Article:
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Activities for Wheelchair Bound Individuals

author image Cindy Hill
A freelance writer since 1978 and attorney since 1981, Cindy Hill has won awards for articles on organic agriculture and wild foods, and has published widely in the areas of law, public policy, local foods and gardening. She holds a B.A. in political science from State University of New York and a Master of Environmental Law and a J.D. from Vermont Law School.
Activities for Wheelchair Bound Individuals
Wheelchair exercises can improve health through competition and fun. Photo Credit: edwardolive/iStock/Getty Images

Requiring a wheelchair does not mean you are confined to a sedentary, inactive lifestyle. Accessibility requirements and the growth of organizations dedicated to advancing a zest for life in all individuals regardless of injury or disability have created new standards for health and athleticism for wheelchair users. Wheelchair-bound individuals can engage in a wide variety of activities including exercise, adventure travel and competitive sports.

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Traditional yoga encourages positive physical and mental health, according to the National Center on Physical Activity and Disability (NCPAD). Hatha yoga, the most popular yoga form in western cultures, emphasizes physical poses called asanas that stretch, tone and strengthen muscles, along with focused breathing that can help alleviate anxiety, stress and depression. Many hatha yoga asanas are performed seated, and can be engaged in while sitting in a wheelchair or ordinary kitchen chair. Consult an appropriately trained yoga instructor before beginning, in order to avoid any potential injury. Yoga practice should complement, not substitute for, your ongoing medical care or physical therapy, the NCPAD advises.

Aerobic and Strength Training

Aerobic exercise and strength training improve cardiovascular health and mobility for everyone, including people who use wheelchairs. Consistent daily exercise can ease skin problems associated with wheelchair use, increase your ability to get around with ease and, when done with friends, can provide a dose of fun and companionship, advises the University of Iowa Health Care Center for Disabilities and Development. Strength training can include isometric exercises like lifting up your body weight by pressing your hands down on the arms of the chair or free weight or resistance pulley systems at a gym, which also add an aerobic element.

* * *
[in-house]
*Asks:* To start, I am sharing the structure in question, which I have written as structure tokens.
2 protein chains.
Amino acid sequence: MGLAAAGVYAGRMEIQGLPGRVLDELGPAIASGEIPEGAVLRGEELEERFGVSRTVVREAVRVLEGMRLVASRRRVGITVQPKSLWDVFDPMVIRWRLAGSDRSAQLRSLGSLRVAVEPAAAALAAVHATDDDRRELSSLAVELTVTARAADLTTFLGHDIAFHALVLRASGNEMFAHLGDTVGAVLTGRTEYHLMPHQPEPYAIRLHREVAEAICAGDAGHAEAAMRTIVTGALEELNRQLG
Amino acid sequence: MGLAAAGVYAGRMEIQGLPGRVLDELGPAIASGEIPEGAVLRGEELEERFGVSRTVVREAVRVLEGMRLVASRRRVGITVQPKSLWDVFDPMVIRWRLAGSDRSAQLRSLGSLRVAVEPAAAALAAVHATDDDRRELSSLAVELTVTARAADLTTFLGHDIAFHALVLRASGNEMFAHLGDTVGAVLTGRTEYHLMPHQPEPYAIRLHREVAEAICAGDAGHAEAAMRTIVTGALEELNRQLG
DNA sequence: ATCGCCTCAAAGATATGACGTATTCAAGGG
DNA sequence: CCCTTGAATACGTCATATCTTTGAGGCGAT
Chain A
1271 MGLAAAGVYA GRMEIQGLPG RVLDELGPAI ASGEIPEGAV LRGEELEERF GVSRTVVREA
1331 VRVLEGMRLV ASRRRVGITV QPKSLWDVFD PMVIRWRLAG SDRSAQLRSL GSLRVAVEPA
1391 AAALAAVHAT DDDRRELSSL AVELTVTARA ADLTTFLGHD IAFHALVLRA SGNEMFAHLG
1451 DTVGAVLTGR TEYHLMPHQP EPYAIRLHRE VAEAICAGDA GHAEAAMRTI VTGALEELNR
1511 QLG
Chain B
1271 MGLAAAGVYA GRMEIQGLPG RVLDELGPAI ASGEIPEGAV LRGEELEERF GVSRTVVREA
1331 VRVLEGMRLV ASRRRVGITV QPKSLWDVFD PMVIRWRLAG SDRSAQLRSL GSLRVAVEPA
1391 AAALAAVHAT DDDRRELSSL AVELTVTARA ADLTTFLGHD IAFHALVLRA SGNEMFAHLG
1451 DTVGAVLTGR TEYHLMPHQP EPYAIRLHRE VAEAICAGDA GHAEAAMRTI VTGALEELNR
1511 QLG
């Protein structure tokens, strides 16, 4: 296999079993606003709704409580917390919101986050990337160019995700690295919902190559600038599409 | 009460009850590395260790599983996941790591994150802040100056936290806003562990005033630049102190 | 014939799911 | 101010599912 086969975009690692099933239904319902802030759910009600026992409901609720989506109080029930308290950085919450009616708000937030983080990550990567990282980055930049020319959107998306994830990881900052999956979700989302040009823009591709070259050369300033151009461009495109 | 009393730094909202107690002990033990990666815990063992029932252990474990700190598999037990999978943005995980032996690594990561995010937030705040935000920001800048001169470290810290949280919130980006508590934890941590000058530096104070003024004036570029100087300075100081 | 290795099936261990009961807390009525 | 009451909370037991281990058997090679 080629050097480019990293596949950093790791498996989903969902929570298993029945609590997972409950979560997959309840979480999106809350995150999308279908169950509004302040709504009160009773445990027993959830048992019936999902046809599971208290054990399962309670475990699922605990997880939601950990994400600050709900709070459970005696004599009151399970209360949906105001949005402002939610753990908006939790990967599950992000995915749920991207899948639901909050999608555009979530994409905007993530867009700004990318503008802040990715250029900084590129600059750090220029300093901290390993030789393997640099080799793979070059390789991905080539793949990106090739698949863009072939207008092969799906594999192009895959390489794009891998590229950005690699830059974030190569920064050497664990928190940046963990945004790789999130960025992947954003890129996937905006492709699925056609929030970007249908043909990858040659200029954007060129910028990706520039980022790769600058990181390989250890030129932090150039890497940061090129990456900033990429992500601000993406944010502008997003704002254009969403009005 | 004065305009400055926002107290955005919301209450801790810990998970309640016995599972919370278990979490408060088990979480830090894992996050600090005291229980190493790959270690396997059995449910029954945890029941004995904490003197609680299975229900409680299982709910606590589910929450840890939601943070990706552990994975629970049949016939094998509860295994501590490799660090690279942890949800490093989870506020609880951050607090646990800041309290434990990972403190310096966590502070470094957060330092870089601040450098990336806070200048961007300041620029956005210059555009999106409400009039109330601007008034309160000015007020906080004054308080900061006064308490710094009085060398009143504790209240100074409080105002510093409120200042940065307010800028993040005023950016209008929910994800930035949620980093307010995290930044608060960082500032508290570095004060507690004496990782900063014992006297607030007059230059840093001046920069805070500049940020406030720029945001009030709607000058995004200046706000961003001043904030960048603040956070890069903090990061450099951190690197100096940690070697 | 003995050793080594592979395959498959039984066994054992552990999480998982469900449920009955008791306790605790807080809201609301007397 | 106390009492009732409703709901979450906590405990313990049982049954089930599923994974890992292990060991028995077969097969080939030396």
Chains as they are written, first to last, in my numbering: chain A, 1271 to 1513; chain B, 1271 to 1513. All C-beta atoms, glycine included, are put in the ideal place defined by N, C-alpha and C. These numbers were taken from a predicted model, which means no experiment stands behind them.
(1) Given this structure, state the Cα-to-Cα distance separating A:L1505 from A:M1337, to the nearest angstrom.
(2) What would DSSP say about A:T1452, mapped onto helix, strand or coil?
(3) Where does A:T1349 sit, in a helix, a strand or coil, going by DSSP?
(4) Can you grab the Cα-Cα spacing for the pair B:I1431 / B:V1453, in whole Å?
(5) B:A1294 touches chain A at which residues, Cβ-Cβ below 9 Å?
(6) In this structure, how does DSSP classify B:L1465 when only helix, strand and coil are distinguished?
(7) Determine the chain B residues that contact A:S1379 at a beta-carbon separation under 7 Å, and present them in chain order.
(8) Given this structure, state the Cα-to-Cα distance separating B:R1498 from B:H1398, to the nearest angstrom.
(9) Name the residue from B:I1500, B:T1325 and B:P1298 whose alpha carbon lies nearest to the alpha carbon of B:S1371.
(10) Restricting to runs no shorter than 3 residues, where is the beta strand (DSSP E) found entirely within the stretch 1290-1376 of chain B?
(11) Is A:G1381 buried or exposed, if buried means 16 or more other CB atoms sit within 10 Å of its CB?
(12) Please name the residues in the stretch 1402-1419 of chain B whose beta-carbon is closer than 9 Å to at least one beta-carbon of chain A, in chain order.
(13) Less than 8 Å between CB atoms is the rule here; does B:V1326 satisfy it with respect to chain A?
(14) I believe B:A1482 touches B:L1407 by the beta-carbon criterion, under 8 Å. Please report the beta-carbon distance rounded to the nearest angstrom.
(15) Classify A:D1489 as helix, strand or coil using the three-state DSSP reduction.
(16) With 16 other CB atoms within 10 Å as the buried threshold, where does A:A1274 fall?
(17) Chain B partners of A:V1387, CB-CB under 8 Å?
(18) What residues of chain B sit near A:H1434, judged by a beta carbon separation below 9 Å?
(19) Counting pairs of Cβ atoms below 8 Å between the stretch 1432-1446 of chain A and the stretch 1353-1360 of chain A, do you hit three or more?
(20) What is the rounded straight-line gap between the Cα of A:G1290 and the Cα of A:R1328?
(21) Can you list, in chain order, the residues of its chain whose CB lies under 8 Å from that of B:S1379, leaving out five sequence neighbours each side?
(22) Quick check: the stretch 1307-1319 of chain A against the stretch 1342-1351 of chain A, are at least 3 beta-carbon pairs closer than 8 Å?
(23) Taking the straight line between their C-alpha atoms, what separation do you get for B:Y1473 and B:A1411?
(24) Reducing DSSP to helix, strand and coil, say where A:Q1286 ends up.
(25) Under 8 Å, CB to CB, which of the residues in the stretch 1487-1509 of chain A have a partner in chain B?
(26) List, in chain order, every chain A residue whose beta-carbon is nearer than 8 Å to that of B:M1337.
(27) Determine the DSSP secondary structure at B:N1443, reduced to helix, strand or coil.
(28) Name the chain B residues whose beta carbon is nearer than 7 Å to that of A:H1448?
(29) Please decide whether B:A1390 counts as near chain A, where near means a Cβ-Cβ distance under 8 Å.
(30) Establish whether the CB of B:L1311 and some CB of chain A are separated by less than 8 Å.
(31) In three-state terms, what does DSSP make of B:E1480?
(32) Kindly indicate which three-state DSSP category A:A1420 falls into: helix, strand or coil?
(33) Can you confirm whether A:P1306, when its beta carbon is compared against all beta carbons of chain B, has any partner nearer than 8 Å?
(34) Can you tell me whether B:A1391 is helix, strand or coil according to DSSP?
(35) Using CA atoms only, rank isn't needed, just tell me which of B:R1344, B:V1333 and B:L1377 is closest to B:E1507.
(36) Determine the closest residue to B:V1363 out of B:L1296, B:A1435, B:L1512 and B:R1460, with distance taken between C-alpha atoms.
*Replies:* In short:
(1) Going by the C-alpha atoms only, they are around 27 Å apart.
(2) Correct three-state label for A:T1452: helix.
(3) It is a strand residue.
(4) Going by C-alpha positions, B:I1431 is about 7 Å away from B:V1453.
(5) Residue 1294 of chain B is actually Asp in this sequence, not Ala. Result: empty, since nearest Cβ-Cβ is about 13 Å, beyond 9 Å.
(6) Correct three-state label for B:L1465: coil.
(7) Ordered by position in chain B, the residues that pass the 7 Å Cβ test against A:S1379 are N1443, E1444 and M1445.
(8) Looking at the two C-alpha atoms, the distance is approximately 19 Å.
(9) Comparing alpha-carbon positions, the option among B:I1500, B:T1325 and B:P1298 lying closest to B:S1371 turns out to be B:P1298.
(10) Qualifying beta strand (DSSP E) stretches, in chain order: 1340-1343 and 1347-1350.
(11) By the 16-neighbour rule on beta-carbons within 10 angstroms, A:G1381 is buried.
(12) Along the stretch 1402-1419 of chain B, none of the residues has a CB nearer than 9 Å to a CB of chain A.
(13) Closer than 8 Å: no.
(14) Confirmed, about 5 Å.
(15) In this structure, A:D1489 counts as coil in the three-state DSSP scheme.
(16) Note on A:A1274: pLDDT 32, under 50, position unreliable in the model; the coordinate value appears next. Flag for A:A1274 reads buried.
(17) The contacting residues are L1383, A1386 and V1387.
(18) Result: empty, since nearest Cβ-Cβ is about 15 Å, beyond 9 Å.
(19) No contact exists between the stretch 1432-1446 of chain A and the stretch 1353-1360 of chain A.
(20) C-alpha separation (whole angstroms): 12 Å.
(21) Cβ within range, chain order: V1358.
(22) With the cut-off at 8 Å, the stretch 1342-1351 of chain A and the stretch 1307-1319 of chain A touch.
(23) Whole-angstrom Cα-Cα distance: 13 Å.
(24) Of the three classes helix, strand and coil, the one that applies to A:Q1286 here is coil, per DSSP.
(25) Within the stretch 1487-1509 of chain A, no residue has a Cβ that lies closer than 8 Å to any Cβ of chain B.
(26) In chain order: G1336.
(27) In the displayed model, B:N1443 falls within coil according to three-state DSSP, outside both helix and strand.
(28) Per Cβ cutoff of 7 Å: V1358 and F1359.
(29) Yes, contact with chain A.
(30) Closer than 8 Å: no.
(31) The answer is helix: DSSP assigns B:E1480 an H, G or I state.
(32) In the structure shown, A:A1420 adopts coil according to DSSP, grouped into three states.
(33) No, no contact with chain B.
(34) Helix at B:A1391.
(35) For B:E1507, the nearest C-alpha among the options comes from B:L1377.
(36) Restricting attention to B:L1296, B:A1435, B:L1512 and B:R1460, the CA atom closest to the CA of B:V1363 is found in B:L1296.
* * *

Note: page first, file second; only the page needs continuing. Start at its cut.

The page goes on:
Wheelchair athletes may compete in specialized, separate events, but their athleticism is second to none. Organizations such as Wheelchair and Ambulatory Sports, USA, facilitate top-notch competition in sports like archery, billiards, basketball, swimming and wheelchair races. You can participate in local wheelchair sports meets even if you are not a top competitor. Participating in sports activities conveys positive health and emotional benefits, whether or not you are in a wheelchair.


Traveling to see new sites, meeting new people and learning about the world is an important component of a healthy lifestyle. The number of resorts, hotels and travel attractions around the world thst welcome guests who use wheelchairs is rapidly expanding. The resource center of the National Spinal Cord Injury Association lists dozens of guides, travel agencies and trip planners to help wheelchair-bound individuals plan the adventure of a lifetime.

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